What’s the difference between a great email marketing strategy and spam? It’s no gimmick or shortcut; it’s the reader’s opinion. After taking just one look at your email, the reader decides whether your brand has something to offer, or whether you’re just another “unsubscribe.”

How do you know which email marketing strategies are effective? What drives online readers to click that satisfying, all-important ‘open’ button? Having the answers to these questions is the key to email marketing success.

Let’s take a look at three powerful elements which contribute the most to effective email marketing:

  1. Strategy
  2. The Copy
  3. The Offer.

Strategy: Focus On Your Readers​

For any successful business, starting with a customer is vital. If your business doesn’t have customers, it doesn’t really exist. Your customer is king (or queen). And when it comes to email marketing, nothing could be truer.

Some companies will only monetize their email list. That is, they’re only interested in you giving them money or buying their products by way of that ‘one click’ (where the customer can choose from a number of options).

But, unless you’re writing an in-depth report, no one wants to read a sales letter. And if you do find readers who want to do this, it’s probably time to get out of marketing, and into a new line of work. Instead of viewing your subscribers as numbers on a spreadsheet or leads for your products and services, remember that these people are real people with real lives. They have hobbies, they have problems – like everyone else – and they need help with these problems.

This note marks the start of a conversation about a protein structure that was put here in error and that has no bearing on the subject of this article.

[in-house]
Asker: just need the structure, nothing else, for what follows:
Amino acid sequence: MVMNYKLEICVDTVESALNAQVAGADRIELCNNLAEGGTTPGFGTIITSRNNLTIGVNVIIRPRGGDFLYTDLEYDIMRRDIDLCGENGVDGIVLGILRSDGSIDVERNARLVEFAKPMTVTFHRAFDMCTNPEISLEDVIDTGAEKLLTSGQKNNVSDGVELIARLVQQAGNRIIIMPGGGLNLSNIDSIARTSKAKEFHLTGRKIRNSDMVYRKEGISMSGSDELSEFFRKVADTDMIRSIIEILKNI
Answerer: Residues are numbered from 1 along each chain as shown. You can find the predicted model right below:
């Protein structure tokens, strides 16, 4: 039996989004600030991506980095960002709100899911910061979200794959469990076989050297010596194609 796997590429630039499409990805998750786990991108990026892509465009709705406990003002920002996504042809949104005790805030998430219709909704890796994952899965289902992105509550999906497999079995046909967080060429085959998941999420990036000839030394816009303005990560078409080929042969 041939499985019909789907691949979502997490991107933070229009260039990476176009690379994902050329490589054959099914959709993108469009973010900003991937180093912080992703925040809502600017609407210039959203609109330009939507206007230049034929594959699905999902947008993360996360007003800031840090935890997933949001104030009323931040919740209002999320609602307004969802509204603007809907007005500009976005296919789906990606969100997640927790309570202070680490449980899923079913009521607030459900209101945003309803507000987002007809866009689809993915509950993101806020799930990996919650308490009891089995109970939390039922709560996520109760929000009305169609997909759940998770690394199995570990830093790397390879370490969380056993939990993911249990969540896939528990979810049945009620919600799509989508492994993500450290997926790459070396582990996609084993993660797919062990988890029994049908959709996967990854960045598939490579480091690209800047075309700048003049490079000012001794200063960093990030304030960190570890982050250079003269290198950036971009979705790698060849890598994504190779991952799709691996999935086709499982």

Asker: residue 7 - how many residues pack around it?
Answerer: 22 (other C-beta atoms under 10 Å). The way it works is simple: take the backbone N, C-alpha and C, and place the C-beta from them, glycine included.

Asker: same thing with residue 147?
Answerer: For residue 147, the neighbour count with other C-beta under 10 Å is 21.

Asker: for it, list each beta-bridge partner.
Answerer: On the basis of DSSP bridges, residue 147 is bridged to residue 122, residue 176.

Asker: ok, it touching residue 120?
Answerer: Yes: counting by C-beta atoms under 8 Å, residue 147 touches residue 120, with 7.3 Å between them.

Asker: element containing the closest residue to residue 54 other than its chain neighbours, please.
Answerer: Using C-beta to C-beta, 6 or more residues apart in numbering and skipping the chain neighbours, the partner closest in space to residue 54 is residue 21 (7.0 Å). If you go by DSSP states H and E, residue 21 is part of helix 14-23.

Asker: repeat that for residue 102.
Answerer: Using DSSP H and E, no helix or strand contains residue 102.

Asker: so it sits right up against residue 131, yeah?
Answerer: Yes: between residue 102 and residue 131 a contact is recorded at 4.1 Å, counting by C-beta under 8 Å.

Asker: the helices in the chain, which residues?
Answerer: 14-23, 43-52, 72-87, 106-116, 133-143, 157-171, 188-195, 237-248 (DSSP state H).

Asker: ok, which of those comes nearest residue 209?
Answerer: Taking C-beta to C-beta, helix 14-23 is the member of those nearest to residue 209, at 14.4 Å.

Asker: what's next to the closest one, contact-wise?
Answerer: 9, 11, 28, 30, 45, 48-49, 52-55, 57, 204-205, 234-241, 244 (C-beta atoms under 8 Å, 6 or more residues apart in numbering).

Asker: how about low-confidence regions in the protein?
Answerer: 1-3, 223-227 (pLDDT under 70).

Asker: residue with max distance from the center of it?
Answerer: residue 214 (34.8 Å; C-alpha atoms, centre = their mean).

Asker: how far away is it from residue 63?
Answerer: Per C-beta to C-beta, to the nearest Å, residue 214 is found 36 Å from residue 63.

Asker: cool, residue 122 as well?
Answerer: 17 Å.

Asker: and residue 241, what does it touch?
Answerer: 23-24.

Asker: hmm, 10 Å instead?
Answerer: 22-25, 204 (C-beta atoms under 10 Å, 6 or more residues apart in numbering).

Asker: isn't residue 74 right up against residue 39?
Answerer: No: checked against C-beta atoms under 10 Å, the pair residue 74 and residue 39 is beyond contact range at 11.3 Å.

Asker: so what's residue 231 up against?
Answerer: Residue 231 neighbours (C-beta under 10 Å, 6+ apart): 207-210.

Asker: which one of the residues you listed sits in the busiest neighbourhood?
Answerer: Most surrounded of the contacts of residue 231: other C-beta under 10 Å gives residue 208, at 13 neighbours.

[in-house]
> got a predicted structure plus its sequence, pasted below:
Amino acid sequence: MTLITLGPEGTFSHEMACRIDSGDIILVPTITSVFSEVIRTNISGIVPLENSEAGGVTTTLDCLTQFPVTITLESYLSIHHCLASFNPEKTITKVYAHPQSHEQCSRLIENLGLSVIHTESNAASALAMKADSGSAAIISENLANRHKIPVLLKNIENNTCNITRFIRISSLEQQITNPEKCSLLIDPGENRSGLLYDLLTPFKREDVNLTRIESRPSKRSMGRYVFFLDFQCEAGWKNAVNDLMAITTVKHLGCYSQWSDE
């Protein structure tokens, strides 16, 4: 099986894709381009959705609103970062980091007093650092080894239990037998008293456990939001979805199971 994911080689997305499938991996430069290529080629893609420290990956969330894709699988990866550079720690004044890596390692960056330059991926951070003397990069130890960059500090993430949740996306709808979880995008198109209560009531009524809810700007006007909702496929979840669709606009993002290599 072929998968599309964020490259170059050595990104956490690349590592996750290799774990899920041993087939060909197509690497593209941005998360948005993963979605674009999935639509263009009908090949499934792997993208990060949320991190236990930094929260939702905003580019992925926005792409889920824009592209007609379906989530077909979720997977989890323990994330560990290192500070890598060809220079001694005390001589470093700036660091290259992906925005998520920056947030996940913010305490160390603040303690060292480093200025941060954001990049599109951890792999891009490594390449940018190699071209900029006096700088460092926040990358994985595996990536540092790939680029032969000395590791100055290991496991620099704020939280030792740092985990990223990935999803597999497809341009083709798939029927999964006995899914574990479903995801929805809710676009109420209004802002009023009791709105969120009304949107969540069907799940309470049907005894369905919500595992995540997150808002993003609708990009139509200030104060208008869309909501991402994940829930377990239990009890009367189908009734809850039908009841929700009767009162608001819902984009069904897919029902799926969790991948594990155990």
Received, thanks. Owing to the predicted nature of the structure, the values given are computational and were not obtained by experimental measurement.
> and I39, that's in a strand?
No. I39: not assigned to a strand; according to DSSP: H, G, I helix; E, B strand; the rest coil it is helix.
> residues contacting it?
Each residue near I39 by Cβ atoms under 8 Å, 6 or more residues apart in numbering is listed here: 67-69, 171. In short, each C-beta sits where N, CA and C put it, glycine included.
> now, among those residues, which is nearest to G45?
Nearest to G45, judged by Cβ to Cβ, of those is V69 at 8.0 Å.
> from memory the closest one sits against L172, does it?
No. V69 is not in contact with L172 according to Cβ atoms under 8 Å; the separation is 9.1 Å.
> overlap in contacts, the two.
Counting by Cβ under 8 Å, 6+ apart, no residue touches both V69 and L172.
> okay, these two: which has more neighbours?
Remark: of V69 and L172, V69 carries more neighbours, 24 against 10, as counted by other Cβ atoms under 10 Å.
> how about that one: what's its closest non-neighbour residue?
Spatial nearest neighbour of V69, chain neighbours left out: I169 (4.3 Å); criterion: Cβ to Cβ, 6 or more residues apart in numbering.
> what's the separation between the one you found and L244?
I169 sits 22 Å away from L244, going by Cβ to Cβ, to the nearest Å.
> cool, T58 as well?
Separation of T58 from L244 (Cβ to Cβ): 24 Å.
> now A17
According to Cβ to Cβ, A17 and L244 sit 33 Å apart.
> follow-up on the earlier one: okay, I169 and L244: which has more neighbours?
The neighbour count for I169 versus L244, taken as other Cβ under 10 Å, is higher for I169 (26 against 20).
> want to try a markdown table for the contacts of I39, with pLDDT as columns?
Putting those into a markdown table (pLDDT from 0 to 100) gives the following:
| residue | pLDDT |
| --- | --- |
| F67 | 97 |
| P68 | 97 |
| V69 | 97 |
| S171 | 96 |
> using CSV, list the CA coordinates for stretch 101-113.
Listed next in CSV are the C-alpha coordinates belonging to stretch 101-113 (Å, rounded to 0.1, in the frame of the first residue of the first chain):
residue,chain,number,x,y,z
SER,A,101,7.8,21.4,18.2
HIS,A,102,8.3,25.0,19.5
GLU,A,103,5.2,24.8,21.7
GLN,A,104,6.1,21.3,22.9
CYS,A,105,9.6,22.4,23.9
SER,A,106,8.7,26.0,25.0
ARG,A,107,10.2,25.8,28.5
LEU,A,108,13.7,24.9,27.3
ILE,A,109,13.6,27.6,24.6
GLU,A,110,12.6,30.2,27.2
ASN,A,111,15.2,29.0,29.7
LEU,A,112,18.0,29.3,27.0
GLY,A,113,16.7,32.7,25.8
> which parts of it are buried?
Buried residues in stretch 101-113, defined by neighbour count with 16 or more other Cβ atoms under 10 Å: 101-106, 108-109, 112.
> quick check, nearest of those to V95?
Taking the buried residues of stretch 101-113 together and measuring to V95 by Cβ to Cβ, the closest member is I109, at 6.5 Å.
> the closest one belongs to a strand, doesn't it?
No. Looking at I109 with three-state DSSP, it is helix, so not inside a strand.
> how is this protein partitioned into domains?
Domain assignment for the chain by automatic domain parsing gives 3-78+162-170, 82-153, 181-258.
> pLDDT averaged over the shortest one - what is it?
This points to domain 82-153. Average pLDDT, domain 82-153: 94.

Think about popular online publications. These brands are successful because they build connections with their readers. The content in these blogs and magazines is usually useful, interesting or entertaining. The value is apparent to readers, and that makes you more trustworthy.

Here’s what you can do: Start your email marketing strategy by developing a compelling narrative around your industry. The most effective marketing starts with the reader’s needs as a story, and then builds up to your product, services or company as the solution to this problem. This causes people to close the gap between their own problems and your brand’s solution through action (i.e., opening an email).

The Copy: Say What You Mean​

An effective email marketing strategy doesn’t just begin with the reader, it also extends to the language used. Take a look at this excerpt from an email newsletter by NewsCred, a business content curation service:

“We are excited to announce that the third in our series of digital books, Digital Trends for 2016 (Facts & Figures) is now available on Amazon! The first two editions of Digital Trends (2015 and 2014) have been read by thousands of professionals around the world and we are extremely proud to bring our readers a third volume for 2016.

In this latest publication, we discuss how the world has changed over the last 15 years, what will happen in 2016 and the trend that is likely to be most disruptive in 2016. Throughout this book, we have also included a number of fascinating articles and statistics relating to digital marketing trends.”